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DER YIDDISH-VINKL March 26, 2004

For anyone interested in the development of Yiddish culture as embodied and reflected in Yiddish literature, Miriam Weinstein’s “Yiddish: A Nation of Words” will prove to be an interesting, intriguing and insightful masterpiece. Published by the Steerforth Press, this 300-page volume overflows with the tam of Yiddish.

Each of the 19 tasty chapters is introduced by a short bit of Yiddish (in the Hebrew alphabet) with a transliteration into the Roman alphabet and an English translation. Individually and collectively, they sum up the substance and spirit of the book. She introduces the book as a whole with the following excerpt from a poem by Abraham Sutzkever:

Un vi der uralter kerndl

Vos hot zikh farvandlt in zang —

Veln di verter oykh nern,

Veln di verter gehern

Dem folk, in zayn eybikn gang.

And like the ancient kernel

That transformed itself in the stalk —

The words will also nourish,

The words which belong

To the people, on their eternal journey.

The following can be found in the first chapter, “Long as the Jewish Exile”:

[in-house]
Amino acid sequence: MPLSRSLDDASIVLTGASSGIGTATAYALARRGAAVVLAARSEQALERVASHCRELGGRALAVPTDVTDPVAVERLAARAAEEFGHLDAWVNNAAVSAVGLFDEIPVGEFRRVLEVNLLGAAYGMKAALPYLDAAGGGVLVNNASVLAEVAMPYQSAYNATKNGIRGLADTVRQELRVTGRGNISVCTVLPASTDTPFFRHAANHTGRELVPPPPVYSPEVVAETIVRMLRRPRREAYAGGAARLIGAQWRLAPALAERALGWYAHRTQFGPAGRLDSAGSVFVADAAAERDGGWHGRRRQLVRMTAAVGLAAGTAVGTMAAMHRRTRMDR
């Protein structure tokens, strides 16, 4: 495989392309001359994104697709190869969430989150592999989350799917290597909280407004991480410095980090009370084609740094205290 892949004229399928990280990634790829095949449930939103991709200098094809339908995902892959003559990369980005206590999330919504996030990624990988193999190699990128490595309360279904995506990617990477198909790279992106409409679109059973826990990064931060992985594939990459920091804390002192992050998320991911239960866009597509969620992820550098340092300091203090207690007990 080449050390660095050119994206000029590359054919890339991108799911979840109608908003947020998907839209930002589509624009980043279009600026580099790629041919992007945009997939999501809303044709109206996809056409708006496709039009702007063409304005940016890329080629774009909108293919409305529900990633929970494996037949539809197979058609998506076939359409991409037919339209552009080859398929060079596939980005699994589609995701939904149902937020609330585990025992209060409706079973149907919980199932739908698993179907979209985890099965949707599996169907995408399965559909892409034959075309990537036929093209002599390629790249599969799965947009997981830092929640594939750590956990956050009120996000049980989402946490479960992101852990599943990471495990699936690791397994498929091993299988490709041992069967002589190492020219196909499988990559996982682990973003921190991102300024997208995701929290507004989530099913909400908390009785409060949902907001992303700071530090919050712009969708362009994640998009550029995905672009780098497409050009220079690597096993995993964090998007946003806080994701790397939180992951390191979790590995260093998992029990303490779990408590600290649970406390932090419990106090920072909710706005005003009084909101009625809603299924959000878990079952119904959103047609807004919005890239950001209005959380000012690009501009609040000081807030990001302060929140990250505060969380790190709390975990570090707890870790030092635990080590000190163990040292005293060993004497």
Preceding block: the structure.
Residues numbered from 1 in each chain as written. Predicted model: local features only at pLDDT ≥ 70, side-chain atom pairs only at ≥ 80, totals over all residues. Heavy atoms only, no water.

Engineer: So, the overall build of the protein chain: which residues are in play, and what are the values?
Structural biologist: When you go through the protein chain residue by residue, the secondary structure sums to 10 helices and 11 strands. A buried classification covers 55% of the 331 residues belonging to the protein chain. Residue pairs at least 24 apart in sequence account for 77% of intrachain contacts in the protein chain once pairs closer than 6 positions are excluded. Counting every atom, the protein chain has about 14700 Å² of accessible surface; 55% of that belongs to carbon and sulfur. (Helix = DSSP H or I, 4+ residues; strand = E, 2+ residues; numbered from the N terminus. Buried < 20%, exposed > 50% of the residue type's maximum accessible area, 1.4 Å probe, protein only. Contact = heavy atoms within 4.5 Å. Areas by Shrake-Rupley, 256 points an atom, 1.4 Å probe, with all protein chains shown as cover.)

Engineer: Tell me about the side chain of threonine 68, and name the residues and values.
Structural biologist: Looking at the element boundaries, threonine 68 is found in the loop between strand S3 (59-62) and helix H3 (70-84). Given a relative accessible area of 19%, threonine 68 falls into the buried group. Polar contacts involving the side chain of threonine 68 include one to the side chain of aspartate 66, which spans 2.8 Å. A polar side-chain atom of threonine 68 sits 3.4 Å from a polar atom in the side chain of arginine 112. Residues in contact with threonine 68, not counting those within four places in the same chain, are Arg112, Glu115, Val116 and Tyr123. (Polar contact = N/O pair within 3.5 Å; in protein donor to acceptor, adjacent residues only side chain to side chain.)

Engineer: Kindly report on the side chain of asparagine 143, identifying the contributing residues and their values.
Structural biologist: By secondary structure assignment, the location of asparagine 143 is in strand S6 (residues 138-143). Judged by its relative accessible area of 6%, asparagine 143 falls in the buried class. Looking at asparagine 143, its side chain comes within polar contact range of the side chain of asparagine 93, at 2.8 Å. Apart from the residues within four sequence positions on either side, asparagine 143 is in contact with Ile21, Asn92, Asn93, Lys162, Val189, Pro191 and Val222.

A yid hot lib dem geshmak fun a yidish vort in zayn moyl.

A Jew likes the taste of a Yiddish word in his mouth.

The second chapter, “Poland: Rest Here,” offers a philosophical rationale for the many pains Jews suffered in Poland:

Falshe fridn iz beser vi a rikhtike krig.

A bad peace is better than a good war.

It says in the introduction to the chapter titled “Russia: Kissed by a Thief”:

Nokh a kish fun a ganef, tseyl iber dayne tseyn.

If you’re kissed by a thief, count your teeth.

In the chapter titled “Europe: Life From the Ashes,” that discusses the revival of Jewish life and literature in Europe after the Holocaust, these words from Jacob Pat provide the introductory quotes:

Ikh hob gezen toyzynter yidn vos yeder eyner fun zey iz a tzapldike tragedye oder an umgleyblekher nes.

I’ve seen Jews in [the] thousands, and every one of them is a fresh tragedy or a miracle of survival.

All of the above is intended to whet our readers’ appetites for a delicious, delightful discourse on Yiddish.

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